Over 30 small-scale fisheries stakeholders from nine Mediterranean countries gathered in Gökova Bay, Türkiye to kick off the first workshop of the SSF Forum 2023–2024 programme. Organized by the General Fisheries Commission for the Mediterranean (GFCM), with support from the Mediterranean Conservation Society (AKD), the three-day exchange visit addressed market-based blue economy solutions to the accelerating expansion of non-indigenous species affecting the Mediterranean Sea.


Approximately 1 000 non-indigenous species (NIS) have been identified in the Mediterranean and the Black Sea, with more than half having established permanent populations. This development poses evolving challenges to marine ecosystems, fisheries, and local communities, as NIS can outcompete local species for habitat and food. The warming waters of the eastern Mediterranean are a hotspot of NIS, including the highly abundant blue crab and lionfish, but these species also present opportunities for new revenue sources. Exchanging information about NIS and sharing strategies to enhance the value of these species were at the focus of the SSF Forum workshop.


Gökova Bay's own Akyaka cooperative, which is celebrating its 26th anniversary this year, offers a pioneering model of success for adapting to the changes brought by NIS. The seven no-fishing zones (NFZs) established within the bay's marine protected area (MPA) have led to an increase in size and abundance of native species, such as groupers, whose larger bulk and better health allows them to fare better against predation or competition from NIS – indeed, a 50 percent reduction in the overall abundance of NIS has been observed in the NFZs compared to the abundance of NIS in the surrounding areas of the MPA.


Moreover, the Akyaka cooperative offers a profitable outlet for those NIS that are still caught by the fishers working in the MPA, such as blue crab and lionfish, selling this catch directly to consumers and local restaurants. "The journey of AKD's New Fish programme began in 2015 with two crucial questions: 'How can we integrate non-indigenous species into the economy?' and 'How can we make them a value for small-scale fishers?'" recalled Zafer Kızılkaya, President of AKD.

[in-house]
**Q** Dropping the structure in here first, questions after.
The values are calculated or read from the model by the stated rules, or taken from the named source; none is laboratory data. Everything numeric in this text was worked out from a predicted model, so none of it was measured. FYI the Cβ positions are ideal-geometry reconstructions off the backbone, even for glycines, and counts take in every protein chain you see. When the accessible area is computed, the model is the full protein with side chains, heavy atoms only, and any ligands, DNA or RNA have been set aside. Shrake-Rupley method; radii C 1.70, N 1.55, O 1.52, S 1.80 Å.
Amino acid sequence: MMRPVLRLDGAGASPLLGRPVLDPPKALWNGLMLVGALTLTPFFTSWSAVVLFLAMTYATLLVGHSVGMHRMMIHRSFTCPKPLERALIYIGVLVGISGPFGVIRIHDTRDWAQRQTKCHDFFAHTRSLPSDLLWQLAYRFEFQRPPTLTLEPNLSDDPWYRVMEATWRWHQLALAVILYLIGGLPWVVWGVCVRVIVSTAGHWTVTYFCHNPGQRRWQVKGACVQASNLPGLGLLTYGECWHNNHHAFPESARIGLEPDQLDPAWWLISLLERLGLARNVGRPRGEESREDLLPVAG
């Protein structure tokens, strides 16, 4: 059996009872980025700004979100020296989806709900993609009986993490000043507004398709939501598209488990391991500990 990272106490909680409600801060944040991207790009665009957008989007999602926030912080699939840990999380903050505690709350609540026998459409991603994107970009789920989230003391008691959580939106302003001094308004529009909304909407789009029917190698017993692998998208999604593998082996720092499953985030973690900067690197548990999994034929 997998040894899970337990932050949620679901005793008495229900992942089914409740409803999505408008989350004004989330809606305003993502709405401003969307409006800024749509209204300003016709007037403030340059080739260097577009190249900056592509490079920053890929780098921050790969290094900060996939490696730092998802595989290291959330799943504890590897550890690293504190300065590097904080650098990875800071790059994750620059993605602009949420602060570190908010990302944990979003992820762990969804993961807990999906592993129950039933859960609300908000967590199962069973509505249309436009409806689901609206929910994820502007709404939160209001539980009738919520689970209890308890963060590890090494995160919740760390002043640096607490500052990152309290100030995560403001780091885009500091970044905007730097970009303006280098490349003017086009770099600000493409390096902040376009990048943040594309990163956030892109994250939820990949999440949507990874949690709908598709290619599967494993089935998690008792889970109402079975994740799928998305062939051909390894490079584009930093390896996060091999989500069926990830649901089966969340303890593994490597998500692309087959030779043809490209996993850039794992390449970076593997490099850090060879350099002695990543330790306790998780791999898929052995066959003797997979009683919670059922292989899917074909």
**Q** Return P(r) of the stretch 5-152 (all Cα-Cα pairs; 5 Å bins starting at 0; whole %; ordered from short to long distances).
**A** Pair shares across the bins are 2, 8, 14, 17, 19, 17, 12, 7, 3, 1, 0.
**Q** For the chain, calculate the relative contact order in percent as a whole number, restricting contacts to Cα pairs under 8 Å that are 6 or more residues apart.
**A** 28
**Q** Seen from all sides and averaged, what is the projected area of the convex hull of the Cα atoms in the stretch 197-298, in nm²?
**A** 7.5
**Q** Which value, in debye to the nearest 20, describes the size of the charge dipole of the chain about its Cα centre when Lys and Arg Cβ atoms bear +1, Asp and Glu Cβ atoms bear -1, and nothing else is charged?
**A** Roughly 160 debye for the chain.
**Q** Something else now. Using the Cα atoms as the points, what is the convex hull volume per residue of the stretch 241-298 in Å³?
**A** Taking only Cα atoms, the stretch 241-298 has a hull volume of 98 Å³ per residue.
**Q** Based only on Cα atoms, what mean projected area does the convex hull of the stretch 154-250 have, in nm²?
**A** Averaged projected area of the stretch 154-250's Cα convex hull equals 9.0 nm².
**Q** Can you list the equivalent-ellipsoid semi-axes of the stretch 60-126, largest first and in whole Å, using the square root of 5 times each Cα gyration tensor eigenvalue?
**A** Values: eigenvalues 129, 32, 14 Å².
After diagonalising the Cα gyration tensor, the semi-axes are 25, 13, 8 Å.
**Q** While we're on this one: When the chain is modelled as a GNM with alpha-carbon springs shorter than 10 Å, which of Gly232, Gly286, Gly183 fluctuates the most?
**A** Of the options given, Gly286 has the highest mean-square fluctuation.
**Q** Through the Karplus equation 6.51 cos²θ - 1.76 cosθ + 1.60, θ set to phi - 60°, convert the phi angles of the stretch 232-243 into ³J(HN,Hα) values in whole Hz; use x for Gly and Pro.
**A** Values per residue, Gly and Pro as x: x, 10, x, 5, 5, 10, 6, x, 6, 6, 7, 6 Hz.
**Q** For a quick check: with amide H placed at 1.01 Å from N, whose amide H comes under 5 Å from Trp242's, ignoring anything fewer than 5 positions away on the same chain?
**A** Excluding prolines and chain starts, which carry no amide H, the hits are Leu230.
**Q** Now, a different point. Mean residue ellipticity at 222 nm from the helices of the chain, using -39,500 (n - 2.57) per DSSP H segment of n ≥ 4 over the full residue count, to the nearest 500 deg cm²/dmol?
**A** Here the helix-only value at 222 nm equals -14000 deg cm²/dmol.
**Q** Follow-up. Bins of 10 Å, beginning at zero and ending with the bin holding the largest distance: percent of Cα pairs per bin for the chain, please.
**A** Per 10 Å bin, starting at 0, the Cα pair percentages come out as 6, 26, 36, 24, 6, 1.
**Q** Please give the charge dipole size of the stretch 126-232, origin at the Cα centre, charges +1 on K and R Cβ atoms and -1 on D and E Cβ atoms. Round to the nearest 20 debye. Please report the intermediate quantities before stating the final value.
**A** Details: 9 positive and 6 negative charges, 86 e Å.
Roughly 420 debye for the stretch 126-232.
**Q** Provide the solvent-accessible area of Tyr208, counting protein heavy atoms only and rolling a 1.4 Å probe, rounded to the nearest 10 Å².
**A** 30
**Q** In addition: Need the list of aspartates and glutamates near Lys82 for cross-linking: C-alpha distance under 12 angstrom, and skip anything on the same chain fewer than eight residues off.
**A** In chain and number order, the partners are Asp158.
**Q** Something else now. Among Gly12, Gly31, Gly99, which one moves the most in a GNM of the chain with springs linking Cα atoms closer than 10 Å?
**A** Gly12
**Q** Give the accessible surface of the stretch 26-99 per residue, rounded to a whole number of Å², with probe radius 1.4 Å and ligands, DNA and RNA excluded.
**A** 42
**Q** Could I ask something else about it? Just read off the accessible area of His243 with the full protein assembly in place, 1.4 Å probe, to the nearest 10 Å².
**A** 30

This week's SSF Forum workshop – made possible by funding from the Global Environment Facility (GEF) – brought together fishers and other stakeholders from around the Mediterranean to share examples like Akyaka's and discuss solutions to the challenges and opportunities presented by NIS, including local initiatives to capitalize on the market potential of these species. A study run across four different Turkish cooperatives by AKD in 2023 showed that 24 percent of the total catch surveyed was made up of edible NIS, which accounted for about ten percent of the fishers' income, revealing the extent of new market opportunities.


Anna Carlson, GFCM Fishery Officer for socioeconomic issues, insists that "monitoring and management of NIS are made possible thanks to local ecological knowledge and the consistent data collection performed by fishers, which represents a central pillar of the GFCM 2030 Strategy towards sustainable fisheries and aquaculture in the Mediterranean and the Black Sea."


Tunisian fishers shared their story, which echoed the Turkish experience. Having initially caused massive disruptions in fishing and incomes, the blue crab now offers new opportunities, according to Tunisian fisher Sassi Alaya. He said that during the high season, the blue crab represented more than 70 percent of the catch off the Gulf of Gabès in southeast Tunisia. Adapting to this new reality has not only raised incomes but also drawn more women and young people into the business, opening the door for integrative employment.


The SSF Forum workshop showcased the resilience of the small-scale fisheries sector in the Mediterranean Sea, presenting and exchanging stories of successful adaptation to NIS and opportunities for future growth. Striking a balance between the conservation of local species and the valorization of NIS for consumption will remain a key priority for the GFCM, which has already launched a pilot study on NIS in the eastern Mediterranean and a research programme on blue crab throughout the entire basin. Collaborative efforts, data-driven strategies and sustainable practices are crucial to preserving the marine living resources and livelihoods of Mediterranean fishing communities.


"As a small-scale fisher from Algeria, we haven't yet seen many of these species in our waters. However, thanks to this meeting, I leave here confident that if these species arrive, we will be ready to adapt." concluded Azzedine Arhab from Béchar.


This is what this first SSF Forum workshop – planned and designed by the fishers themselves in March 2023 at the SSF Forum in Rome – was about: sharing local knowledge, stories, tips and solutions to move forward and together find a new balance.

Ακολουθήστε το Agrocapital.gr στο Google News και μάθετε πρώτοι τις ειδήσεις